Audio-Technica AT-LP120XBT-USB ($399): A BT Vinyl extravaganza


Audio-Technica AT-LP120XBT-USB ($399)

*The AT-120LP120XBT-USB was purchased at a discounted price for use in my office setup, and to explore BT TT’s for our daughter and review purposes. This does not hinder my review at all, and note issues when they arise. I thank John & Apos Audio for the support and did find the TT quite good for its purpose.

Apos Audio

As part of my “Return To Vinyl” 2-part article, I decided that adding a nice Bluetooth turntable would suffice for the upstairs office, pairing it with the Fluance ai61, a well-respected BT speaker I had already purchased. In perusing what was available with Bluetooth, and USB (for recording your albums to a file on your computer), I came across a few. Some were more than I wanted to spend, especially since I had picked up the excellent Pro-Ject Debut Pro to pair with my existing Linn Axis for the downstairs. Will reviewed an excellent Monoprice Monolith BT TT, but I came across the AT-LP120 while looking. I wanted a direct drive TT to balance the two belt drives downstairs, and while a used Denon would have been fabulous, the lack of BT halted that. I picked this one up from Apos Audio, and I thank John & crew for the prompt service. After arrival, I previewed two more BT Audio-Technica (AT) turntables; one above pricewise and one below.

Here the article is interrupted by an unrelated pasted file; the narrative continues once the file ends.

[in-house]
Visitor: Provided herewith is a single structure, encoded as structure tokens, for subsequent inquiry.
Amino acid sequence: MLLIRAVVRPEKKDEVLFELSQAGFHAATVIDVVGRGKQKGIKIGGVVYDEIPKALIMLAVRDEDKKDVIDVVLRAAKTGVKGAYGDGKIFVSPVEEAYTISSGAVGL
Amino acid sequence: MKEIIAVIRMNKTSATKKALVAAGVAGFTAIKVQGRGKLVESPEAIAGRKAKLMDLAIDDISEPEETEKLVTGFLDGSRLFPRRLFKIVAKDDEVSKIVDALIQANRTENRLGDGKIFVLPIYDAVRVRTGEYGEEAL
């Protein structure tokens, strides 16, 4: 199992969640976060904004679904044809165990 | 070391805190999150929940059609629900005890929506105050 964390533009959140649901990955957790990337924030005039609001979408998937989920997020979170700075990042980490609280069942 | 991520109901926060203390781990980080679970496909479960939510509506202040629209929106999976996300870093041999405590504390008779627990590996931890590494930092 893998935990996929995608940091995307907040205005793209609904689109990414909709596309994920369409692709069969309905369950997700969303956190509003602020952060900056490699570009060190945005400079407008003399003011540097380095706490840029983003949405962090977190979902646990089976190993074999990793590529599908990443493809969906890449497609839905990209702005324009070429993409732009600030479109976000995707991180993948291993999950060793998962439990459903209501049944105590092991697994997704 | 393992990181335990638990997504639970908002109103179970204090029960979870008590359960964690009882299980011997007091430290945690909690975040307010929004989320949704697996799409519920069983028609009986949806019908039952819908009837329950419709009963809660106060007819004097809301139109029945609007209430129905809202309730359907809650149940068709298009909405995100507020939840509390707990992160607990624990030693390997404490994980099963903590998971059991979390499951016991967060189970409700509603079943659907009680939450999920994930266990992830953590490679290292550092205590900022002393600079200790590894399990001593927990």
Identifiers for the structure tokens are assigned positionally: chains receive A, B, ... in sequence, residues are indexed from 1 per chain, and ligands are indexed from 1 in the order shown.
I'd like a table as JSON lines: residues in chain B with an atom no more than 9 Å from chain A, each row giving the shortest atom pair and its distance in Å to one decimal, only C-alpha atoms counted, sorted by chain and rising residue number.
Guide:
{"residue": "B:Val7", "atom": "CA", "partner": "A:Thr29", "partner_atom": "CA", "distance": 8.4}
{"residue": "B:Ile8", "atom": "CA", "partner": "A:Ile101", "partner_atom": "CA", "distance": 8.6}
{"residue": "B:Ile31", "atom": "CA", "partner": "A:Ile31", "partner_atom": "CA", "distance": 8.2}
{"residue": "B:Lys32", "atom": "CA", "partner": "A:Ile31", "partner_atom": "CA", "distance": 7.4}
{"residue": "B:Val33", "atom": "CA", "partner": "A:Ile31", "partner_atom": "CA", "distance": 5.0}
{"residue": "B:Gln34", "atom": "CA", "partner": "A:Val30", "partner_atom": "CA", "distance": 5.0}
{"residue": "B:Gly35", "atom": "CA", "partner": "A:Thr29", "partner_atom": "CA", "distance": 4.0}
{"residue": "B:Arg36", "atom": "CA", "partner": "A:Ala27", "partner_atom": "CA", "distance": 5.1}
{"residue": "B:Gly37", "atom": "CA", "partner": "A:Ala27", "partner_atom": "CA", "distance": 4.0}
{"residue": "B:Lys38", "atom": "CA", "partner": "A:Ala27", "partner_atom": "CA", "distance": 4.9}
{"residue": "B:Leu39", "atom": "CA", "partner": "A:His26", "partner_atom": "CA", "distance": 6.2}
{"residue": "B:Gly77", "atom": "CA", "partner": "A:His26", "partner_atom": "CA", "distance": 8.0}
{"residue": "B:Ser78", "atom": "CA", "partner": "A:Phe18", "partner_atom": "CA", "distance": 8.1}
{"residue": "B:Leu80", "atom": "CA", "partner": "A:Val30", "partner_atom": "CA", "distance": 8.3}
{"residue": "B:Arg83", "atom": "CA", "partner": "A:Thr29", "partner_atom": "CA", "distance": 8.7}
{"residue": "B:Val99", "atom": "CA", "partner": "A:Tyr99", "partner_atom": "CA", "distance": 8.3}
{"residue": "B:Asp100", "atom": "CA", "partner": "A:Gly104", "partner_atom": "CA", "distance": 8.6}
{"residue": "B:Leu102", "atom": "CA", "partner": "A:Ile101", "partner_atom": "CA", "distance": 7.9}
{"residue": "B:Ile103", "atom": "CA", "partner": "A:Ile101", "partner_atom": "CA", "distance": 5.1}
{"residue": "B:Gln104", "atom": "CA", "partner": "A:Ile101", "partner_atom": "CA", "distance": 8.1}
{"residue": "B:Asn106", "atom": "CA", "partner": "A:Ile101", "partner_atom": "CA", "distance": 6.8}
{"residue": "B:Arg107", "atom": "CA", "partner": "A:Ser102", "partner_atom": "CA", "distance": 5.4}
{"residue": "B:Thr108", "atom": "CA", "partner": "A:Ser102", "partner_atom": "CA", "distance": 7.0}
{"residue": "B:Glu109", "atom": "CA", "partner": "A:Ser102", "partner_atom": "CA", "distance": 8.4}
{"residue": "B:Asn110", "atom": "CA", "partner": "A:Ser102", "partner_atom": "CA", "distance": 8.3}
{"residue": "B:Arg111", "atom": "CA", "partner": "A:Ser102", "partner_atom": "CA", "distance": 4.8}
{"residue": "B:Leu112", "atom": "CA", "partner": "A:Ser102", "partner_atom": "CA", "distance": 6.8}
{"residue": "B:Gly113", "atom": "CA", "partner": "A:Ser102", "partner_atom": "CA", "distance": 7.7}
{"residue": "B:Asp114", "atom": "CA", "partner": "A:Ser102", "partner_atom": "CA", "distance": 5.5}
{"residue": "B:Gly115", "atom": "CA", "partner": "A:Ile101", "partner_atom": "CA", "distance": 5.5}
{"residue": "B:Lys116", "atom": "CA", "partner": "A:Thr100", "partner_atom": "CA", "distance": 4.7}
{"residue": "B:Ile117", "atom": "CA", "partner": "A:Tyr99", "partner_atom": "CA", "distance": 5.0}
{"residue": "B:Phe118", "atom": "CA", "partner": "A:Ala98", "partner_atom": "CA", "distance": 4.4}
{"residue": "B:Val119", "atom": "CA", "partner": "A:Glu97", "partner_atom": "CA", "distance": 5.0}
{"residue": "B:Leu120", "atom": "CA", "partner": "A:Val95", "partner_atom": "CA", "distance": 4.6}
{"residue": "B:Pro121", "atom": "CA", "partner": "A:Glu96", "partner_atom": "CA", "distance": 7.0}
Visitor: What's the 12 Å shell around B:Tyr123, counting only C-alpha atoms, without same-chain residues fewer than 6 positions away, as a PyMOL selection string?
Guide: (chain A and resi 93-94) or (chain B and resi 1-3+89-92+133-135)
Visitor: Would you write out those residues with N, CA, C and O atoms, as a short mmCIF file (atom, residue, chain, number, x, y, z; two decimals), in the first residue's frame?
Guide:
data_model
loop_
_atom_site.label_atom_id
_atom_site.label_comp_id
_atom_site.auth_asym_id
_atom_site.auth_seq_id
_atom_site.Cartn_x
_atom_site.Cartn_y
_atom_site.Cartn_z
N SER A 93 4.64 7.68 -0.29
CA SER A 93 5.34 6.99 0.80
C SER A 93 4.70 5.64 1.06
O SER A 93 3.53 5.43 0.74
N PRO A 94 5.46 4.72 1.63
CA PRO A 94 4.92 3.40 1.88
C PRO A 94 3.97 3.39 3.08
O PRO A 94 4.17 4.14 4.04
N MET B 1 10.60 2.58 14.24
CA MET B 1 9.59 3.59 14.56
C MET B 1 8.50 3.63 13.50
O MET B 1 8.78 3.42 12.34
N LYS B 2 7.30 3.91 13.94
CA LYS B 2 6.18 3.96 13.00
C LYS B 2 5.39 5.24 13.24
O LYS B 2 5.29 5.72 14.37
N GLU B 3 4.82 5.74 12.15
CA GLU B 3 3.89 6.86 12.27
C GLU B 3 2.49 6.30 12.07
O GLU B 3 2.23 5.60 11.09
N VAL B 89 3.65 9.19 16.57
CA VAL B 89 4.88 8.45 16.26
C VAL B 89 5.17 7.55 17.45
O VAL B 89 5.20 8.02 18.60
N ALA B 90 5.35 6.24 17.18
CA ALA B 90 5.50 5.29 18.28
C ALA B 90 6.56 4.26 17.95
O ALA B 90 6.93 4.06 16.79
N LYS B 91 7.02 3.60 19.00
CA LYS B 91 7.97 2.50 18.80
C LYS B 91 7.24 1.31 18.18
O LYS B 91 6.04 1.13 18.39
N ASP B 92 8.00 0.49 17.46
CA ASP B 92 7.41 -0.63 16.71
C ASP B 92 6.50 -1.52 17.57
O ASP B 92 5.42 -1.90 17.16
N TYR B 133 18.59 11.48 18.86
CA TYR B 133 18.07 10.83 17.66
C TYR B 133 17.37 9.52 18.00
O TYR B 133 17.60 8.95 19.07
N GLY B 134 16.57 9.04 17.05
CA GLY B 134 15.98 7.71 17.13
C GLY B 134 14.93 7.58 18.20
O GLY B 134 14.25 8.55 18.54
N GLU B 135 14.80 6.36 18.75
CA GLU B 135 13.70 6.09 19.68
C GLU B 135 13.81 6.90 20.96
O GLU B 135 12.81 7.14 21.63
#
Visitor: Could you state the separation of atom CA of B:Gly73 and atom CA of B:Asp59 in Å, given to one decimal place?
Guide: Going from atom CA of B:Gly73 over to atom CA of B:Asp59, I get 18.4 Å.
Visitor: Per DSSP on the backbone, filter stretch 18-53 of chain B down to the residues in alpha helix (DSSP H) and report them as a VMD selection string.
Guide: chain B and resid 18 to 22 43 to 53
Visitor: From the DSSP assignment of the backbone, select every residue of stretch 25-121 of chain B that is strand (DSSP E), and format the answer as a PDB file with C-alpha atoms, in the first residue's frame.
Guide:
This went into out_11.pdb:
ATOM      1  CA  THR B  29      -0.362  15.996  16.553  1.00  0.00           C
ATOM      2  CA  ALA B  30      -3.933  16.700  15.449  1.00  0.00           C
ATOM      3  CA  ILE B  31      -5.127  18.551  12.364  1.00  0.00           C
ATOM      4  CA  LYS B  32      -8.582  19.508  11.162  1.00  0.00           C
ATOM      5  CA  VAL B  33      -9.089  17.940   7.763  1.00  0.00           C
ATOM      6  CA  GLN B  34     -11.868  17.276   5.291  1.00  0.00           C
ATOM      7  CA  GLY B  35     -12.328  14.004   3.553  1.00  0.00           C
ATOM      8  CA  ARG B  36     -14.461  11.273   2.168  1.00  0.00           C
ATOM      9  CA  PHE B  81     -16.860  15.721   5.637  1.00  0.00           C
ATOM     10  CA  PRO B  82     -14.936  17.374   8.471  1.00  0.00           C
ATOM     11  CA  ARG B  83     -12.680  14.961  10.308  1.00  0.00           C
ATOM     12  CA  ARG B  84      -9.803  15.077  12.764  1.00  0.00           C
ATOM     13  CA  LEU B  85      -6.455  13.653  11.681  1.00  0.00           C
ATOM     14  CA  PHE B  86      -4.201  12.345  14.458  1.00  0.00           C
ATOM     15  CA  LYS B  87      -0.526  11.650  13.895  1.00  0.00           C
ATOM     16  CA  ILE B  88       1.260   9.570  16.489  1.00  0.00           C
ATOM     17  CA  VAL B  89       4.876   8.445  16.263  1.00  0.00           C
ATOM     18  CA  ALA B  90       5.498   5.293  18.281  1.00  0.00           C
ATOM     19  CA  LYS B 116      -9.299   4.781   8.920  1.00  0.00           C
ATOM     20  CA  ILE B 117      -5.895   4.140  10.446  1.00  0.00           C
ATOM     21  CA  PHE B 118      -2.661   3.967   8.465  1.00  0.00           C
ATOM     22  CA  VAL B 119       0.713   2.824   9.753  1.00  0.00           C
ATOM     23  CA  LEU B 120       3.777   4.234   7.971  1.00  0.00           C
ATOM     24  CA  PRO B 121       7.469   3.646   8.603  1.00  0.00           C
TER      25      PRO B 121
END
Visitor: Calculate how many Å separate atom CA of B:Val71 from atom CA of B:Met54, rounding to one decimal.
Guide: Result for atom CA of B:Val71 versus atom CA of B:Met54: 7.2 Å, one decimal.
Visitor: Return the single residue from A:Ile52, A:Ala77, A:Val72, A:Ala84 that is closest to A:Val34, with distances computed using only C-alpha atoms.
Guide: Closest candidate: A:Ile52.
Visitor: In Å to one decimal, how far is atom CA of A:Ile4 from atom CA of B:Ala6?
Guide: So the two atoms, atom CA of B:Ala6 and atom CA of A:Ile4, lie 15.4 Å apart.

As part of this, in conversation with our daughter when I was visiting for her college soccer games, I mentioned a record store in town. She said, “ya, it’s pretty cool and I picked up a couple of albums.” My response was, “You don’t even have a turntable!” I then told her, “I’ve got this.” I ended up purchasing the AT below the 120 for her (AT-LP60XBT, non-USB) along with a pair of Klipsch R41 PMs for a little more than I spent on my duo. That’s OK, spend more on speakers, and she can always upgrade to a better TT. The eCoustics vintage editor Eric said, “Get her into jazz and she will never do drugs!” Will politely pointed out that jazz could cost as much. I will defer to my daughter’s tastes in music (which are good) but see myself purchasing her some classics.